Carlo Porta was born in Gavasseto di Reggio Emilia on May 18, 1919, into a large family of farm workers who followed the socialist ideas of Camillo Prampolini. At the age of sixteen he was already an active member of the Socialist Party, taking part in the International Red Relief by collecting small amounts of money or goods for the Republican fighters in Spain. After being employed as a factory worker at Officine Meccaniche Reggiane, an engineering plant that manufactured armaments during Mussolini’s regime, in 1938 he is called up for military service. While in the Army, authorities find out about his antifascist militancy: he is arrested and imprisoned in Civitavecchia, Regina Coeli (Rome), Reggio Emilia and Castelfranco Emilia. Perfunctorily judged by the Special Tribunal for National Security, he is sentenced to three years’ confinement in the farming penal colony of Pisticci (Matera), in the region of Basilicata. While in confinement, he meets chief figures of the Italian Communist Party, whose teachings would contribute to mould his political beliefs. At the end of the three years of confinement he returns to Reggio Emilia, but a few months later he is called to the Army again and sent to Albania with the Italian occupation forces. He is in Albania on the 8th of September of 1943, the day of the Armistice: captured by the Germans, he is sent to internment camps in Germany in stock wagons. He reaches his first destination after sixteen days and is interned as a IMI (Italian Interned Soldier) in the marshalling camp of Neubrandenburg. His identification number was 108 481. He is freed only two years later, while in the Wickede camp, near Dortmund.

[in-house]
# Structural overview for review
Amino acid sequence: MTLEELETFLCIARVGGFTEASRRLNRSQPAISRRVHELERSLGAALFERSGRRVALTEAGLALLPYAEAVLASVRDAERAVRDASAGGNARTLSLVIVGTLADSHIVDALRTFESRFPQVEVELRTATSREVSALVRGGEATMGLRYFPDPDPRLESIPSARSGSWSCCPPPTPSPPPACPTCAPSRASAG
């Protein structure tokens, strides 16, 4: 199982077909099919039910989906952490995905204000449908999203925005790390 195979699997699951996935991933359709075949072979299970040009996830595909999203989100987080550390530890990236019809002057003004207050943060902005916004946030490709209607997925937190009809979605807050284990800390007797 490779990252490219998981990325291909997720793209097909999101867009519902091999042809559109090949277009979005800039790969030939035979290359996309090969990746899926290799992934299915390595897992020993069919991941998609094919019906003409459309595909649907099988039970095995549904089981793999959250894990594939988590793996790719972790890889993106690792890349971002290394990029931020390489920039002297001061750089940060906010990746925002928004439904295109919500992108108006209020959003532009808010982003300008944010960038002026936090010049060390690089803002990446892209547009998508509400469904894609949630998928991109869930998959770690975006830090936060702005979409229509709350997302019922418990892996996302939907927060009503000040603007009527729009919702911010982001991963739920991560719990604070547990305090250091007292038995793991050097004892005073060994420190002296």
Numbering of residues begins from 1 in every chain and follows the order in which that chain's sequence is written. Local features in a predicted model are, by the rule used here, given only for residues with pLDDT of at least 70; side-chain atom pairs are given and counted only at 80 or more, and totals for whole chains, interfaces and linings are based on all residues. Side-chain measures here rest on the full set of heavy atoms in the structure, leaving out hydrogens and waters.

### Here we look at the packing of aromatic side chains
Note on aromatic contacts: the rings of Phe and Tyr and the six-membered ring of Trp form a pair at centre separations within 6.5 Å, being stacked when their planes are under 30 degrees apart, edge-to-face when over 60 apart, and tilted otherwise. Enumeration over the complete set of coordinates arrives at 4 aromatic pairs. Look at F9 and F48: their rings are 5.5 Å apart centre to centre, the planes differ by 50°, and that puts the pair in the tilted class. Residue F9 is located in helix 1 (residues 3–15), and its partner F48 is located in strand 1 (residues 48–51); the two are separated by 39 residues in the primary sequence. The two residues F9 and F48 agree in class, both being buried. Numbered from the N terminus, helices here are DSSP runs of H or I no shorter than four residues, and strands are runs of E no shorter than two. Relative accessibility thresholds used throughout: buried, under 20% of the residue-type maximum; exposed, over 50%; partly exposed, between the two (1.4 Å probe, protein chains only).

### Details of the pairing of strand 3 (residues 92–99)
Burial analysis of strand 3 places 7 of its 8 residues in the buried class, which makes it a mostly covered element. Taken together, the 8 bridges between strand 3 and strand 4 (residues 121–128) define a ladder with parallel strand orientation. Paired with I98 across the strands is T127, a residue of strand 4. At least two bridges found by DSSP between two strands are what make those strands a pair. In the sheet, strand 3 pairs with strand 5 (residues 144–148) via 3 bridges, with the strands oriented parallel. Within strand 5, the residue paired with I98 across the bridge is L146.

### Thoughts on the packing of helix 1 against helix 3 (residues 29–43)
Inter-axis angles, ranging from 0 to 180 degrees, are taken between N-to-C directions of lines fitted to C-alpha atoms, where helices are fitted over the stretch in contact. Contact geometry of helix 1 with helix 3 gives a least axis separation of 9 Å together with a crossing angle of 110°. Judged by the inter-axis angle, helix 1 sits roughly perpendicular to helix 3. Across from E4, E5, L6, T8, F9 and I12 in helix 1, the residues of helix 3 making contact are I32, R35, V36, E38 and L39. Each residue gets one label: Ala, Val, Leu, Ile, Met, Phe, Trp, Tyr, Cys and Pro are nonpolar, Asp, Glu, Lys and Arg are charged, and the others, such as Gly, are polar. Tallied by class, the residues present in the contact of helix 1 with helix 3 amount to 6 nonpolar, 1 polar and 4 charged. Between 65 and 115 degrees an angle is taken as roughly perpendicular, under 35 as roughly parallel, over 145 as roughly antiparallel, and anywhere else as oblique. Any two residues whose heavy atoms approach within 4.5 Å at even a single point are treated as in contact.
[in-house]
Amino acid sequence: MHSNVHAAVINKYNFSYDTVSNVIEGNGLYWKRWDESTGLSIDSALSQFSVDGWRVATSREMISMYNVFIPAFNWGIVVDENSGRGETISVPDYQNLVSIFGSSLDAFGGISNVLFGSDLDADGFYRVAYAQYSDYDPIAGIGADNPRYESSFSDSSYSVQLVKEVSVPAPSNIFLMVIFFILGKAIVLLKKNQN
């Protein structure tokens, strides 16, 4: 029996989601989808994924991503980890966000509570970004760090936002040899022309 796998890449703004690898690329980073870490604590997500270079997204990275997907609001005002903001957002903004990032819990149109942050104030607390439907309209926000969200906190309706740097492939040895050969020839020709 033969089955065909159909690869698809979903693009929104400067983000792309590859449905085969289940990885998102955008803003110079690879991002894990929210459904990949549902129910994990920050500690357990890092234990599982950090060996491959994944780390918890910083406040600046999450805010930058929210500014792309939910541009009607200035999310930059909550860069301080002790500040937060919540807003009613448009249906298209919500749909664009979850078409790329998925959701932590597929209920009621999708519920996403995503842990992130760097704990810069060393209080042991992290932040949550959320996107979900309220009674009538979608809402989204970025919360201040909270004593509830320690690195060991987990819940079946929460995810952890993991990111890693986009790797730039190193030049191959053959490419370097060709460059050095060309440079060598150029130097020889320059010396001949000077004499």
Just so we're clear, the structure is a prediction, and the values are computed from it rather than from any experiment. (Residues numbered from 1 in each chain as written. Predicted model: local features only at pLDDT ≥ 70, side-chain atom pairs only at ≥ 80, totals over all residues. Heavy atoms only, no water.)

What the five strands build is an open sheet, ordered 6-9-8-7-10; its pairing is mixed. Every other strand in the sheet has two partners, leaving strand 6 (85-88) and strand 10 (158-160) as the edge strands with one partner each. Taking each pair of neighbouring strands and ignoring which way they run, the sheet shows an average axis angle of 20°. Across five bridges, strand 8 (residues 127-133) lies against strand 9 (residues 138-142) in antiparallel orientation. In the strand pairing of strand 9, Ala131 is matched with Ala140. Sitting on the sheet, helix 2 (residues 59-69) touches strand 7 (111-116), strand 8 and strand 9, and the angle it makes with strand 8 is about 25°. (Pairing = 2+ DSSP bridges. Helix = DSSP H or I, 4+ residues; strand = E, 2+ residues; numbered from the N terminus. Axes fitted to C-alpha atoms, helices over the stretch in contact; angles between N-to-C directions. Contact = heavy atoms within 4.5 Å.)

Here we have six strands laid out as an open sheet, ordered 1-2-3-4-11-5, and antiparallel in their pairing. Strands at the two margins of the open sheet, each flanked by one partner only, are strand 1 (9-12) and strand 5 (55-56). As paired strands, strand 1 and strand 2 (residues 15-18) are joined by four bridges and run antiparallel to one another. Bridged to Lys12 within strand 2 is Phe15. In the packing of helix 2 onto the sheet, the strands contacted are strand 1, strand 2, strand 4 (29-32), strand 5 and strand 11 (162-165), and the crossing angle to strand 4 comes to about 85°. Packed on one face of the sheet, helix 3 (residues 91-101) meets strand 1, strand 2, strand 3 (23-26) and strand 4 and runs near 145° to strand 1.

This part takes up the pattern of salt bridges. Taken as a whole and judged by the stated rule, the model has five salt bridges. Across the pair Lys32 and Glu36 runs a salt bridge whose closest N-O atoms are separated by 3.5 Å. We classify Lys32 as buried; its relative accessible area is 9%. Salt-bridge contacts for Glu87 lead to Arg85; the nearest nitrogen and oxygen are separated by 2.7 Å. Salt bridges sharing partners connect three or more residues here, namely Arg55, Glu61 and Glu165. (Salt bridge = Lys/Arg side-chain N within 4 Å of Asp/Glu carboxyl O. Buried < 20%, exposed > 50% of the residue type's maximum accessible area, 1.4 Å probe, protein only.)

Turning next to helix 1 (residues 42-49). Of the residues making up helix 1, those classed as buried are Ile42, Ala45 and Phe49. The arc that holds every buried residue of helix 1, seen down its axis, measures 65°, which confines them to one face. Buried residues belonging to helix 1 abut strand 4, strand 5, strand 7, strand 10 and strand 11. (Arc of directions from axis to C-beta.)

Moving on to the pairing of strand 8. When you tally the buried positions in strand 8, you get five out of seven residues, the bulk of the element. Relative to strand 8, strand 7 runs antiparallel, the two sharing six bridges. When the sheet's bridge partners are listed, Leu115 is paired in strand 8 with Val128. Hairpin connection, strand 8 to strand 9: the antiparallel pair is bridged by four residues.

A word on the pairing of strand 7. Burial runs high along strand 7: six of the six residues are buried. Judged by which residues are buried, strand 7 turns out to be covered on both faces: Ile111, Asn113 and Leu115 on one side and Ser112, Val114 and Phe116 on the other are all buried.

interview team Alessandra Fontanesi
camera team
date of interview 2006-01-15
I've always said that those two would have to die before me: Mussolini and Hitler.

Carlo Porta (1919 - 2007)

Resistance
1938 - 1945: Reggio Emilia (Italy)
Unarmed Resistance

resistance groups
Soccorso Rosso

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